Cabarrus

Church ministry keeps growing

For almost 20 years, hundreds of volunteers at Memorial Baptist Church in Kannapolis have spent Thanksgiving week preparing meals for other people.

This year will mark the 19th anniversary of a ministry that began when former pastor Don Davis asked the church's men if there was something they could do as a community outreach.

With the help of a church member's family restaurant, the Memorial Baptist distributed 500 meals. This year, they'll prepare five times that amount for delivery, take-out and pick up.

The church already is taking orders for meals, which they'll assemble on Thanksgiving morning. Anyone who is needy or lonely is invited to take a free meal.

"People just come from all over," said Tiffany Long, whose father, Bob McVay, was one of the ministry's founders and continues to oversee it.

The meal draws many homeless people who don't have anywhere else to go on Thanksgiving.

In 1995, the church opened the meal to anyone who was feeling lonely on the holiday, too.

"There are old folk and young folk who just don't have anyone to sit with at Thanksgiving," Long said.

Church volunteers now prepare part of the meal in the church's kitchen, and other churches have joined in to help. Memorial Baptist will cook and slice 30 hams and about 90 turkeys and prepare the dressing.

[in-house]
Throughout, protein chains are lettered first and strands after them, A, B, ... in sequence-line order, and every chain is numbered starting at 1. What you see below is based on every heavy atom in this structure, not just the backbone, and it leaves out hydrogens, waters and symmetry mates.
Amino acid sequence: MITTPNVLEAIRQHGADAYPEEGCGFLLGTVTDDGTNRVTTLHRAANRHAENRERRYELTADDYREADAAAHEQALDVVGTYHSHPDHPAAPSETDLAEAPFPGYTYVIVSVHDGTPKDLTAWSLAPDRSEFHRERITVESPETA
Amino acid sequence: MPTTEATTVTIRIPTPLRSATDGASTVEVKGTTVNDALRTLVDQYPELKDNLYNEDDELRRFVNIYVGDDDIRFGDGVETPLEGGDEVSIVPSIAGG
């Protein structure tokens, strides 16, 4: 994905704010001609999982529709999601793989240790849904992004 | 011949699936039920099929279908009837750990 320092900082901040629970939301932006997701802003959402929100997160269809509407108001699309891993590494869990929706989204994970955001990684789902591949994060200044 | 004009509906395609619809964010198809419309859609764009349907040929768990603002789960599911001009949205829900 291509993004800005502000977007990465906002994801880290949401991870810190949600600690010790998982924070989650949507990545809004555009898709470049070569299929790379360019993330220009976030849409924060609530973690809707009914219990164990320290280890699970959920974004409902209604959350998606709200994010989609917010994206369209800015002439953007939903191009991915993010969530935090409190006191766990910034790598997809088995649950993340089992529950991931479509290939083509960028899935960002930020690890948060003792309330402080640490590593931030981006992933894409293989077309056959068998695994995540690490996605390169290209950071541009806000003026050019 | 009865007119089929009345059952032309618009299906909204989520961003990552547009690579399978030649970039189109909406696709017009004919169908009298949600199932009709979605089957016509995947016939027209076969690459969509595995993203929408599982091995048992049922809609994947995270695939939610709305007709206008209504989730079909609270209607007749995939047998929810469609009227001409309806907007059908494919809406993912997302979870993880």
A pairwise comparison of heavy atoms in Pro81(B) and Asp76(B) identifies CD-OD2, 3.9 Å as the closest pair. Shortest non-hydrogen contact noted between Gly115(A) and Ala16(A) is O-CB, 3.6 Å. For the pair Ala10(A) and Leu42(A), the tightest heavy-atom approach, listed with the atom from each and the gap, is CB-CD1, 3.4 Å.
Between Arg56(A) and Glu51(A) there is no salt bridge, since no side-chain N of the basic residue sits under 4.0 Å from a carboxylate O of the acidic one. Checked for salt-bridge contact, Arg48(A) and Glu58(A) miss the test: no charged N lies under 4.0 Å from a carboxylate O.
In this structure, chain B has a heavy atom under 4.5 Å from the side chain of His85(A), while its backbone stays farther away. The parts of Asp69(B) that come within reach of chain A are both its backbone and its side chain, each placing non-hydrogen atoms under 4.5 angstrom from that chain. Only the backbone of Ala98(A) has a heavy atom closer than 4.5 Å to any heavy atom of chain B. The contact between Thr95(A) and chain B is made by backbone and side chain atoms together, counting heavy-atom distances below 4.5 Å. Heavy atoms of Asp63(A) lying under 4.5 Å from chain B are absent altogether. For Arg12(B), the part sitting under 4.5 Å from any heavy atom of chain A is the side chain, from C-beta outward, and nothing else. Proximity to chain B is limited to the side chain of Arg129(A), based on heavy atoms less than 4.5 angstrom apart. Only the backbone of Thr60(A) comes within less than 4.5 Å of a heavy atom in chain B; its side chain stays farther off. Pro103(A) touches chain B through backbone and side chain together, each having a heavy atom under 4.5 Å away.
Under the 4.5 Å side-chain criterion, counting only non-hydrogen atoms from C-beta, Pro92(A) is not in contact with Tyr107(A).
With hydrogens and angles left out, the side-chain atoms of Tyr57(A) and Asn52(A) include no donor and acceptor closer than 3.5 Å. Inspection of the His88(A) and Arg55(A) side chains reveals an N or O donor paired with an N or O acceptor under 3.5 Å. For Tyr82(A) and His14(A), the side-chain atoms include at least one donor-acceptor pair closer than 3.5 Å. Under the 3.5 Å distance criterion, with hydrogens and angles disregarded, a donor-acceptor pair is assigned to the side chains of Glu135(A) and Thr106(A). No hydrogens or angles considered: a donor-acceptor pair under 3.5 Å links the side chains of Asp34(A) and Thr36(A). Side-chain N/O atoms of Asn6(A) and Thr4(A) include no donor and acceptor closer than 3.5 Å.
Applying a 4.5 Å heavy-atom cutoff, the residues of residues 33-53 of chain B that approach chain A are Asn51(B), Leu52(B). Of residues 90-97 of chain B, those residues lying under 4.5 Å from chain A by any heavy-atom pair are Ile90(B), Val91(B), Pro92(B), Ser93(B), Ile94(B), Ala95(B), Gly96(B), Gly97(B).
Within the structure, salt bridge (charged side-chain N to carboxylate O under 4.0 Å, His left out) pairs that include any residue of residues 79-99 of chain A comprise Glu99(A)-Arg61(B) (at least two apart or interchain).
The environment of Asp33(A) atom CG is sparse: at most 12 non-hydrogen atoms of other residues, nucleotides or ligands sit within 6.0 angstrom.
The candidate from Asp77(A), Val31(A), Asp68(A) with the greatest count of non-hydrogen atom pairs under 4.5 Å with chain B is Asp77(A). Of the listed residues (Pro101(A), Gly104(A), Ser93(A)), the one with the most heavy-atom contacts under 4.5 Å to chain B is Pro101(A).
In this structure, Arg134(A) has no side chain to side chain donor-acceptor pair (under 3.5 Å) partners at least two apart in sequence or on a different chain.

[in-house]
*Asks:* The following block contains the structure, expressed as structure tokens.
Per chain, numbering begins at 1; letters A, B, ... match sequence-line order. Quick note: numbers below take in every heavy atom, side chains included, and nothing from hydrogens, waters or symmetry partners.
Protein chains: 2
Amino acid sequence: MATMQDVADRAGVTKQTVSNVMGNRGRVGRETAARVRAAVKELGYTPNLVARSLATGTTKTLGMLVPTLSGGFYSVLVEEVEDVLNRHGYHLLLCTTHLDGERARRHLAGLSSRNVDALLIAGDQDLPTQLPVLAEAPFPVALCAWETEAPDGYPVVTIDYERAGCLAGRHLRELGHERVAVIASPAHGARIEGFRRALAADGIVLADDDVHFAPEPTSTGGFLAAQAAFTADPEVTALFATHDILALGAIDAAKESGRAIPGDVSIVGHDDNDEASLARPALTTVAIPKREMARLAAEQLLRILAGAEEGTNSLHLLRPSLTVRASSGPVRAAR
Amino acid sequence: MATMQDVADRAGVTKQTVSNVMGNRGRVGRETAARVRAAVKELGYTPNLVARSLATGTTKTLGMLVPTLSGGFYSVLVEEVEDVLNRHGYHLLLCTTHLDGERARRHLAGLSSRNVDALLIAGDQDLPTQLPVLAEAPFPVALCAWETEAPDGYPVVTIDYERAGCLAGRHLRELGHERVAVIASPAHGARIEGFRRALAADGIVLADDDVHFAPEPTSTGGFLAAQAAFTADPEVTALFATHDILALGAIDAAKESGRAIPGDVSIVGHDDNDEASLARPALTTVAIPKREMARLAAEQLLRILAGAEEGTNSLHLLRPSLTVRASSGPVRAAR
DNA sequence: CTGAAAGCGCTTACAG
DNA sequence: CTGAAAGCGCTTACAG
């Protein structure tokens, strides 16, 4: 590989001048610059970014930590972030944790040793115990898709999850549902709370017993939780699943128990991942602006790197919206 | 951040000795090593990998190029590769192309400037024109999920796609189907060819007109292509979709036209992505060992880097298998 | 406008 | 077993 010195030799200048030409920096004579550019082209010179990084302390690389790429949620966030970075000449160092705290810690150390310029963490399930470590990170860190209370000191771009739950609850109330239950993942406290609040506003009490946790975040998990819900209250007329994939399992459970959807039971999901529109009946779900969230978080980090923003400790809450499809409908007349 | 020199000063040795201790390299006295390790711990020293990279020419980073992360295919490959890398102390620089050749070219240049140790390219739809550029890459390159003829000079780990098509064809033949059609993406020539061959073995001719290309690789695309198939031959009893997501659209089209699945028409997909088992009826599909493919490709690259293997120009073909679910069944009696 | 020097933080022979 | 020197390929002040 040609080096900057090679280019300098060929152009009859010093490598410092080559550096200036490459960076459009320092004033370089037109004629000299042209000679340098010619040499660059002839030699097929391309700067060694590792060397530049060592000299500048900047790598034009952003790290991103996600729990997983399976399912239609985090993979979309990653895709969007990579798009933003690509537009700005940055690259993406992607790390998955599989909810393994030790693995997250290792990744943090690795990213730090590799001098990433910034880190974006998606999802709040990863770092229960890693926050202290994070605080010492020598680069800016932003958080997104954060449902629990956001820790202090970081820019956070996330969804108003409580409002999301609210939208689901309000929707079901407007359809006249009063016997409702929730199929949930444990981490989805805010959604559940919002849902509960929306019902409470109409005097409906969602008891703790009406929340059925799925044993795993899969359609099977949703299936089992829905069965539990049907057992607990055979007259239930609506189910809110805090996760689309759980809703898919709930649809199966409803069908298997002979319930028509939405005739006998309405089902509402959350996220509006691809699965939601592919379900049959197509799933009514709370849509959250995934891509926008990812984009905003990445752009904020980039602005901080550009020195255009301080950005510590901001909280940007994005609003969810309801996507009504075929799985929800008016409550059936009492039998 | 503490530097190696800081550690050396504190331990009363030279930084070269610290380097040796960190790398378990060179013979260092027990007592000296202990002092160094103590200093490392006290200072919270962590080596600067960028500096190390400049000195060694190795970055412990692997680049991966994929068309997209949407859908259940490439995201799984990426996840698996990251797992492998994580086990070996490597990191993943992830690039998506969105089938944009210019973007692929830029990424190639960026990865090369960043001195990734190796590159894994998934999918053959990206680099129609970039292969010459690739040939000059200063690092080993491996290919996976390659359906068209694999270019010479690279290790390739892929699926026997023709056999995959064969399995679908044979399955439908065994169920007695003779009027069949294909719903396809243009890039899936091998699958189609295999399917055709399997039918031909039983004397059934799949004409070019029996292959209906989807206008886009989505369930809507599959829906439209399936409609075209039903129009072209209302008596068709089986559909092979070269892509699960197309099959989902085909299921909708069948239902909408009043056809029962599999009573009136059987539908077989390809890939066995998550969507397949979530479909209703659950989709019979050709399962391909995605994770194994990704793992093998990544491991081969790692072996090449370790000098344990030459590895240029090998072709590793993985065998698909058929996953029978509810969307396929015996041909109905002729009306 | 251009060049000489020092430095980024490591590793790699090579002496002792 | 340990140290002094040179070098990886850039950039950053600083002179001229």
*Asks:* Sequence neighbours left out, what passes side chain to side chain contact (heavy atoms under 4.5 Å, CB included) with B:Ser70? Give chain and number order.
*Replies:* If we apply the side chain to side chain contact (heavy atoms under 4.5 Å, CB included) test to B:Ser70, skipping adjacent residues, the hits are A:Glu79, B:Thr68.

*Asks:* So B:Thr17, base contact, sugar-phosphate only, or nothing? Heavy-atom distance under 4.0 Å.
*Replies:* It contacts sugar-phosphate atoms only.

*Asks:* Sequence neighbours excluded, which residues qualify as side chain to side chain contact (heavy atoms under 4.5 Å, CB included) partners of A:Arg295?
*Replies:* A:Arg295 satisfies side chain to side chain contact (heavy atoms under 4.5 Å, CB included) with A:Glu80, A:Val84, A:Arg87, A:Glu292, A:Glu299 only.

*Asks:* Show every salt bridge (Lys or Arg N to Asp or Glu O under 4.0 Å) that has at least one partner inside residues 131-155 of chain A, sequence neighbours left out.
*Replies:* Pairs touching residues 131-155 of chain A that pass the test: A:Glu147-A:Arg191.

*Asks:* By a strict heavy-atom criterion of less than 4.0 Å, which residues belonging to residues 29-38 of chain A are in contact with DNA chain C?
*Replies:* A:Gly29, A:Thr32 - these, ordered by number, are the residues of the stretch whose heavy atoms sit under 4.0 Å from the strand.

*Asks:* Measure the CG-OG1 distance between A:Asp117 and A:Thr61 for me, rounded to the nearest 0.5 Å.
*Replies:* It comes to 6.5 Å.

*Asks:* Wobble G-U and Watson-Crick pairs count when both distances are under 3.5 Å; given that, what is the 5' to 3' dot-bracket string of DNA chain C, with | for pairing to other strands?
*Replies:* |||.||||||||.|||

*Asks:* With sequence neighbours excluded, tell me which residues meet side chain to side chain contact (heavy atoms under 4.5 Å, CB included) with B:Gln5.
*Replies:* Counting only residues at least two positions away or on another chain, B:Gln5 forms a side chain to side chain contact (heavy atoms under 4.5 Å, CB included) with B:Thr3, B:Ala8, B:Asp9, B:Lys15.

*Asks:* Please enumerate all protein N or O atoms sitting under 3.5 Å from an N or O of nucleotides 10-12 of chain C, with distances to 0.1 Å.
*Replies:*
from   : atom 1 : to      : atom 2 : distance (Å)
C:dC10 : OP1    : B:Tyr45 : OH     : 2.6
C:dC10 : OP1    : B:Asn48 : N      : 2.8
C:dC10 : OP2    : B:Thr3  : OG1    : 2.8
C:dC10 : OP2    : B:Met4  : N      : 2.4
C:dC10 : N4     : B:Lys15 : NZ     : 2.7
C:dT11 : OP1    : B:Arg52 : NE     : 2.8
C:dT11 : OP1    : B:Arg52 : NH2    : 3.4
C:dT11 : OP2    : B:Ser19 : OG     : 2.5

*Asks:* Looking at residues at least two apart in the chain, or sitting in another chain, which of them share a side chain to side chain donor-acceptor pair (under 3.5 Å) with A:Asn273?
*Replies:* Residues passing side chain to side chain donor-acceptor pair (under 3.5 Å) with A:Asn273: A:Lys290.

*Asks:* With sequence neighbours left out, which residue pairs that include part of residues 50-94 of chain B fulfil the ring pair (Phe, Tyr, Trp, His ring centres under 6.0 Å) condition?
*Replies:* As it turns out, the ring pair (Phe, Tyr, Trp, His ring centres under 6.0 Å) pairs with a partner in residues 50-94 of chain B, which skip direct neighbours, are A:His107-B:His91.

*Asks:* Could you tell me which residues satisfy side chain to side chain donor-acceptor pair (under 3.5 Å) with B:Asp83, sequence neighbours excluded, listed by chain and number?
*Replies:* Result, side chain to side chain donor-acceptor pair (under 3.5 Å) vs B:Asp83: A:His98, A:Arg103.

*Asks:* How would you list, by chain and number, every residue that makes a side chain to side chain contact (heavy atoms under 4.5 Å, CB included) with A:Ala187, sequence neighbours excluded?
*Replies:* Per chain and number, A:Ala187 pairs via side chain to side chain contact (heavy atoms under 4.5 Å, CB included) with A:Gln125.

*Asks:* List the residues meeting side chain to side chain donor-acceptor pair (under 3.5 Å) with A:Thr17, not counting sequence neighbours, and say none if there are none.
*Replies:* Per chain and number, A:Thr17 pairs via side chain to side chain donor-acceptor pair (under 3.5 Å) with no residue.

Parkwood Baptist Church in Concord donates green beans and hams, and a couple from Memorial Baptist donates rolls each year in memory of their son.

Long said the church was not able to provide homemade desserts last year, so they included donated Little Debbie cakes with the meals.

Dolph Kilby, a high school student and member of Charity Baptist Church in Kannapolis, wanted to change that.

This year, under Kilby's leadership, Charity Baptist is donating all homemade desserts, Long said.

More than 250 volunteers will work to cook, assemble and deliver meals, Long said. During the years, so many people from outside the church have volunteered that some Memorial Baptist members have stepped back so others can "share the blessing."

"People show up (to volunteer), and we don't even know them," said Long. She said that she once was the first person in the take-out meal assembly line, but now she relinquishes her spot to other volunteers.

Church members tend to the spiritual needs of those who share their Thanksgiving meals, asking guests for prayer requests. Memorial Baptist pastor Tim McQueen circulates in the dining room, talking with guests.

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